Apple To Ship 95-115 Million Units Of 6.1-Inch iPhone In 2018 [Report]

The ever prolific KGI Securities analyst Ming-Chi Kuo has today shared projections for what he believes will be shipments of the rumored 6.1-inch iPhone, expected to launch in the second half of 2018.

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KGI: Apple to ship 100 million 6.1-inch LCD iPhones in 2018

iIf you’re not acquainted with KGI Securities’ analyst Ming-Chi Kuo, he’s the one that projected that Apple is readying three new iPhones for 2018 – two OLED ones with 5.8-inch and 6.5-inch panels, and one LCD iPhone with a 6.1-inch screen. Well, the same market analyst now says that Apple could ship up to 100 million 6.1-inch LCD iPhones before 2018 is over and at $ 700-$ 800 a pop. If the predictions are true the 6.1-inch LCD iPhone will replace the iPhone 8 as the cheapest option, while the 5.8-inch OLED iPhone will likely be the same size and weight as the iPhone X, and the…

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Apple expected to ship 100M 6.1″ LCD iPhone units priced at $700-$800 in late 2018

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Adding to expectations that the new 6.1-inch iPhone with LCD display will be a blockbuster success, analyst Ming-Chi Kuo said on Wednesday that he expects the company will ship a whopping 100 million units in the second half of 2018.
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KGI: Apple Could Ship 100 Million Units of New 6.1-inch LCD iPhone, Replacing iPhone 8 and 8 Plus in 2018 Device Line-up

KGI Securities analyst Ming-Chi Kuo today shared shipment projections with MacRumors for Apple’s rumored 6.1-inch iPhone that he expects to launch in the second half of 2018.

The device is said to have some iPhone X features such as Face ID, but design compromises will enable Apple to put it at a more affordable price point. They could include an LCD screen instead of an OLED display, an aluminum frame, a single lens camera, and no 3D Touch.

We project shipments under the new product life cycle (4Q18-3Q19) for the 6.1″ LCD iPhone, estimated to be launched in 2H18, will reach around 100mn units.

According to Kuo’s research note, shipment projections could fluctuate depending on the selling price of the 6.1-inch LCD iPhone, which Kuo believes will be somewhere between $700 and $800 in the United States. In his analysis, shipments will be around 105-115 million units when priced at US$699, and 95-105 million units when priced at US$799.

The price could also depend on “whether Apple ultimately sees the new 6.1-inch LCD model as the successor of iPhone 8 or 8 Plus,” according to Kuo. In a previous note, KGI Securities has said the 6.1-inch iPhone will have a standard non-stacked logic board and rectangular battery pack like the iPhone 8 and iPhone 8 Plus.

Kuo expects the 6.1-inch LCD iPhone to account for around 50 percent of the new iPhone line-up’s shipments, with sales remaining strong into 2019. On that basis, today’s shipping estimate suggests lifetime sales of 2018 iPhones could reach approximately 200 million units.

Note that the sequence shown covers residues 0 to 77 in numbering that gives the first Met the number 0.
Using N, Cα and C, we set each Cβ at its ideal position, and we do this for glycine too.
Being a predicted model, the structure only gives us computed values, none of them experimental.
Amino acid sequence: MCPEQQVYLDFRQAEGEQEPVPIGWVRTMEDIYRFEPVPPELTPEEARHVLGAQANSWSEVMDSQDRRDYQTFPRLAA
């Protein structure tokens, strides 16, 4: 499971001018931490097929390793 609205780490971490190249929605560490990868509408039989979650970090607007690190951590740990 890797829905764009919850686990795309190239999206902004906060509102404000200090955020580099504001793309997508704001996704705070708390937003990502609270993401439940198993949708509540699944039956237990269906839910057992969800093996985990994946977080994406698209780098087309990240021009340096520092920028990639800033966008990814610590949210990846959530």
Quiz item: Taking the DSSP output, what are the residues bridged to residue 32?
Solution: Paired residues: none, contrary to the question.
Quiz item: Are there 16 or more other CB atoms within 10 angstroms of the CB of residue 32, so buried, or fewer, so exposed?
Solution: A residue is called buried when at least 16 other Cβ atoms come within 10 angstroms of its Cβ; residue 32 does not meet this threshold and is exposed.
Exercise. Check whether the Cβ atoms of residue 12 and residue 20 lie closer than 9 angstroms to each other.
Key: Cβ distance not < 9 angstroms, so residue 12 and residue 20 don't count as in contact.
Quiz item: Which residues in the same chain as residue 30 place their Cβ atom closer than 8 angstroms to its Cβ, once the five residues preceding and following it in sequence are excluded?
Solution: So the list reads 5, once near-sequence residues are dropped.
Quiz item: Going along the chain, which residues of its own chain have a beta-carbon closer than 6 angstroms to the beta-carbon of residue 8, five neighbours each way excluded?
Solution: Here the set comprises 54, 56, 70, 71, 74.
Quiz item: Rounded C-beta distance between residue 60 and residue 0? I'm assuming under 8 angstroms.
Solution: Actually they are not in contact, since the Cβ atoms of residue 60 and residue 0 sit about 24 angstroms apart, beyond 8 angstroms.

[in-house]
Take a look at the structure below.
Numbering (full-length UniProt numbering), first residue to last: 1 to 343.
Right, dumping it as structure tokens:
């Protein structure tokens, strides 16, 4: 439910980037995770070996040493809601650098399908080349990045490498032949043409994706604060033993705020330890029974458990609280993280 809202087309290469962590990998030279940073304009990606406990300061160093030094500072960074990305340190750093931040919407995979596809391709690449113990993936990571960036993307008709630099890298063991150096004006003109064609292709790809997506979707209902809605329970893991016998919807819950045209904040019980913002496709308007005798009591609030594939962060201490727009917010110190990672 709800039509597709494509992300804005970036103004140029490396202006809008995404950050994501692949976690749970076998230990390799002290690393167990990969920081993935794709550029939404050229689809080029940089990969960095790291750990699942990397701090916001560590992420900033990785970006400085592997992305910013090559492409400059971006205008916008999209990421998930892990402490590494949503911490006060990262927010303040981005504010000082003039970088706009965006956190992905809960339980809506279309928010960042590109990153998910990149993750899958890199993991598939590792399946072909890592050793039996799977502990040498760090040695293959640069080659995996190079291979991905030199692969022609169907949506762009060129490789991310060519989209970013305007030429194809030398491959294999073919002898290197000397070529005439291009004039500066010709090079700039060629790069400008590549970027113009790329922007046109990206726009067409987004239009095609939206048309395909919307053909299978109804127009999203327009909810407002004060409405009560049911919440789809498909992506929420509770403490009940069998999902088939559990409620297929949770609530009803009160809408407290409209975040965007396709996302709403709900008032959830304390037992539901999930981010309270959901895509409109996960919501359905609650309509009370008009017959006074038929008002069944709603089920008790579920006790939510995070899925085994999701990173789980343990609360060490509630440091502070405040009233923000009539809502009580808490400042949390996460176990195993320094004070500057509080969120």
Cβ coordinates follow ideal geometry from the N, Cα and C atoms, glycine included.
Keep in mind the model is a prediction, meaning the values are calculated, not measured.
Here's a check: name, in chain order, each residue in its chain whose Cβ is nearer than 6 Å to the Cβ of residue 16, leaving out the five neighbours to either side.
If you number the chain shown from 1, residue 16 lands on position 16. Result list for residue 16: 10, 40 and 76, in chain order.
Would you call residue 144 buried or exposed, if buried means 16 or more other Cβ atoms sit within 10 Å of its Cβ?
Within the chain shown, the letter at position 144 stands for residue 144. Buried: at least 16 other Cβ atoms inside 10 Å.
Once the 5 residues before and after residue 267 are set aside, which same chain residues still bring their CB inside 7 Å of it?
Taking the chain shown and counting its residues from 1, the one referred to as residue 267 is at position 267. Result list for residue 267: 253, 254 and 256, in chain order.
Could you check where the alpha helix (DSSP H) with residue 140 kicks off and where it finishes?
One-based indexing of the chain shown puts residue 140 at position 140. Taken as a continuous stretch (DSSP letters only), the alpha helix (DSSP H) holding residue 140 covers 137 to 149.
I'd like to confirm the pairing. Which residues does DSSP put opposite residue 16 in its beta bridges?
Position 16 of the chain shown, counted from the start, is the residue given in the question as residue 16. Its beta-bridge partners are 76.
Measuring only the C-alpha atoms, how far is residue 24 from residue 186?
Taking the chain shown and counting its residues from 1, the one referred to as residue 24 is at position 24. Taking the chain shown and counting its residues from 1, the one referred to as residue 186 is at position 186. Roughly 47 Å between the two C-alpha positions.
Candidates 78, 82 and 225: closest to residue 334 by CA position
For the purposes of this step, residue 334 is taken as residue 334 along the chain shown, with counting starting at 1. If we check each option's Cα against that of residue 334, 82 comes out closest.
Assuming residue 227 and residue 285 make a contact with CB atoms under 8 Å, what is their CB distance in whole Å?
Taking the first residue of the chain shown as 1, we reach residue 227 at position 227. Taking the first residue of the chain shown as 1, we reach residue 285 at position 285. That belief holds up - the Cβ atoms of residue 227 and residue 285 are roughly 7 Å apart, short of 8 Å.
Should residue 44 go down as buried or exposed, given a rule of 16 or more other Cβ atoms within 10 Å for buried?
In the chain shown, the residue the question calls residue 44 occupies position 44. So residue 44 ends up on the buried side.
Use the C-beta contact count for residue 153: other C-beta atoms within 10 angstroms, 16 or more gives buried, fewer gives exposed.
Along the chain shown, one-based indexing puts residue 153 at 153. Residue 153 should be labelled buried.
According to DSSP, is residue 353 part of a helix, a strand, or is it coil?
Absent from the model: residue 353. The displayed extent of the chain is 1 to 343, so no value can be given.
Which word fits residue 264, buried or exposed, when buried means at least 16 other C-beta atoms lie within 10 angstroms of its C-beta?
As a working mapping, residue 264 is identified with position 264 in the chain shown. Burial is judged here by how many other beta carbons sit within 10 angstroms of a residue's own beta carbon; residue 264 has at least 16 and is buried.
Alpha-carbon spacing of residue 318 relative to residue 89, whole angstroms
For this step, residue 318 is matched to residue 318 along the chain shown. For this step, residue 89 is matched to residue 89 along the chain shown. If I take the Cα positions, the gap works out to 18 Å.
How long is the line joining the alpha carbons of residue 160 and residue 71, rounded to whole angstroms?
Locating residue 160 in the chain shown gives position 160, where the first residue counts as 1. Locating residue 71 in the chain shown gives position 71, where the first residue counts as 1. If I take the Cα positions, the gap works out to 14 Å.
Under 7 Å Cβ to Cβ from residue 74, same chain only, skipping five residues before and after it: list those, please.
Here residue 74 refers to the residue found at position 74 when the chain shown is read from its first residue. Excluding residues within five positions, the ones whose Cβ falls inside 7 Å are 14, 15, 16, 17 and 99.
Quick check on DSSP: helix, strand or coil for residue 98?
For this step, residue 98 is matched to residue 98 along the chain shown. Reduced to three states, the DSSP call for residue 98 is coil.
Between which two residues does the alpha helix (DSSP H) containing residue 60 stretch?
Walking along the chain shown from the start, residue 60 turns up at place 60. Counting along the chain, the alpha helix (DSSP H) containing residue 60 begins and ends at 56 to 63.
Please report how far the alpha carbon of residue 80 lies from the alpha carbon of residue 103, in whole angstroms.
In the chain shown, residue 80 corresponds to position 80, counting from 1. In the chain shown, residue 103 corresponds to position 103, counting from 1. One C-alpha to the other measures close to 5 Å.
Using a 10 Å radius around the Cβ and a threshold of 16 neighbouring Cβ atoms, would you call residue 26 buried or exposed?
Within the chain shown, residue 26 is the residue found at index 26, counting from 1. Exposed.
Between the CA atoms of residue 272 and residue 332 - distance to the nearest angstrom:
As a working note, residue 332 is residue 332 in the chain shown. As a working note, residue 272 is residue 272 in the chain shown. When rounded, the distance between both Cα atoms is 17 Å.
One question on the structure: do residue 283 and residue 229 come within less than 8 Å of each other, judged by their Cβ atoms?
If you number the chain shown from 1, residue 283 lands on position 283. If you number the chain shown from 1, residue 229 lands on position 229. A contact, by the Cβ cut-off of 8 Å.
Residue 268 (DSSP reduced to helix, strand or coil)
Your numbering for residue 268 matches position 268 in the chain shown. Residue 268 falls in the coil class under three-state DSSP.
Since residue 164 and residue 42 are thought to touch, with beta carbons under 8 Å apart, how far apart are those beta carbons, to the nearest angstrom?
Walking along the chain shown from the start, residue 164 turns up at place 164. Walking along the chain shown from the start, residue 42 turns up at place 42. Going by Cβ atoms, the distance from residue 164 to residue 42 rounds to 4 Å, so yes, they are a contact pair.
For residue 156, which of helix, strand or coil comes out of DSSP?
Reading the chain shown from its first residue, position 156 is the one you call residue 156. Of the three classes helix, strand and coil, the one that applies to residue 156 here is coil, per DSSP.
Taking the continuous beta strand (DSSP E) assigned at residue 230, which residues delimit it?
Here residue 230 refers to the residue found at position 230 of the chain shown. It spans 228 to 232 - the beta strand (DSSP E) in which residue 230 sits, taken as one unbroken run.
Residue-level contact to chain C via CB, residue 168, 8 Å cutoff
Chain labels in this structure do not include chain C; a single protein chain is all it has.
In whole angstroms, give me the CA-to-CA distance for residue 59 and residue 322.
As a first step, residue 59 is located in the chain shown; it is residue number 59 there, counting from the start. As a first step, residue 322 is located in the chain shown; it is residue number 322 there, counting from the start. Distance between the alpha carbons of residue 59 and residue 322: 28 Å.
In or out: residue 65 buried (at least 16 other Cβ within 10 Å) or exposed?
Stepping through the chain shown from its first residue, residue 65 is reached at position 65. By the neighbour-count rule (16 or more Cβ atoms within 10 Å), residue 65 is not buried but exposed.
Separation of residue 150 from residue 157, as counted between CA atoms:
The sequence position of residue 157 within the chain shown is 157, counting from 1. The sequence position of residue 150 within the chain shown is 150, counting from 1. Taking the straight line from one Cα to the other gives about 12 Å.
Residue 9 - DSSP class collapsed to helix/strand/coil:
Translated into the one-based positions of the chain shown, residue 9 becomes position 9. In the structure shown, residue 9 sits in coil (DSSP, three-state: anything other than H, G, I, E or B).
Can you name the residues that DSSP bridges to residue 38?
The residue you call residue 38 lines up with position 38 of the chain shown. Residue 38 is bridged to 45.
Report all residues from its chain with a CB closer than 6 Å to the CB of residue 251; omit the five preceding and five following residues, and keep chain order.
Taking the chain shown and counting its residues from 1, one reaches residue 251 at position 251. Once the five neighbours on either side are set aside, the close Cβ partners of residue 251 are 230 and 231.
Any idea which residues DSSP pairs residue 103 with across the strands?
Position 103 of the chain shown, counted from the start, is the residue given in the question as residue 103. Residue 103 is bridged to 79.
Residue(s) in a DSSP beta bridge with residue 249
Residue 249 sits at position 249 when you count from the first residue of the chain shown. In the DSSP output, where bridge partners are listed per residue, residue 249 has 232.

The device is expected to be announced around September-October as usual alongside a new 5.8-inch iPhone X and a larger 6.5-inch version dubbed iPhone X Plus.

Related Roundup: 2018 iPhones

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Elon Musk Wants to Ship Tesla Parts Using a Boring Company Underground Tunnel

Despite making plans to boost production of its Model 3, Tesla ultimately fell short of its goals in 2017. The problem isn’t expected to persist forever, though, as Tesla CEO Elon Musk is now considering building an underground tunnel using The Boring Company that will connect the Tesla plant to a parts factory 1.6 km (one mile) or so down the road.

The news came from a Tesla earnings call on Wednesday, Feb. 7, during which Inverse quoted Musk as saying it’s “just a matter of time” until the production issues are solved.

“I’m hopeful that people think that if we can send a Roadster to the asteroid belt, we could probably solve Model 3 production,” Musk reportedly said.

In a shareholder’s letter, Tesla revealed it’ll be the first company to utilize its electric, autonomous semi trucks, which Musk intends to use to transport Model 3 components from Gigafactory 1 to a factory in Fremont, Calif.

But increased production of the Model 3 would eventually face a bottleneck. The factory is equipped to handle only so many shipment trucks, meaning if too many trucks started hauling parts to the factory, the parts would take much longer to be unloaded. This is where the tunnel comes in.

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“[W]e actually get constrained on how many trucks [we can] dock and undock at the seat factory, which is only, I don’t know, half a mile or a mile away from the vehicle plant,” Musk said during the call, according to Inverse. “So it’ll be pretty easy to just have a tunnel, do an automated conveyance from seats to the factory.”

In other words, the underground tunnel could alleviate Tesla’s shipment congestion just as it’s meant to reduce traffic in other cities.

Using a tunnel for transportation, Musk reportedly said that boosting production to roughly 700,000 cars a year — 600,000 Model 3s and 100,000 Model S and X vehicles — “seams achievable.” The idea isn’t official yet, however, and Tesla would presumably need to receive permission to build another tunnel.

If Musk is anything, though, he’s determined. If he decides another underground tunnel is necessary to finally meet Tesla’s Model 3 production goals, it’ll probably happen. Like he said, they managed to put a Tesla Roadster in space, how hard can it be to move parts around on Earth?

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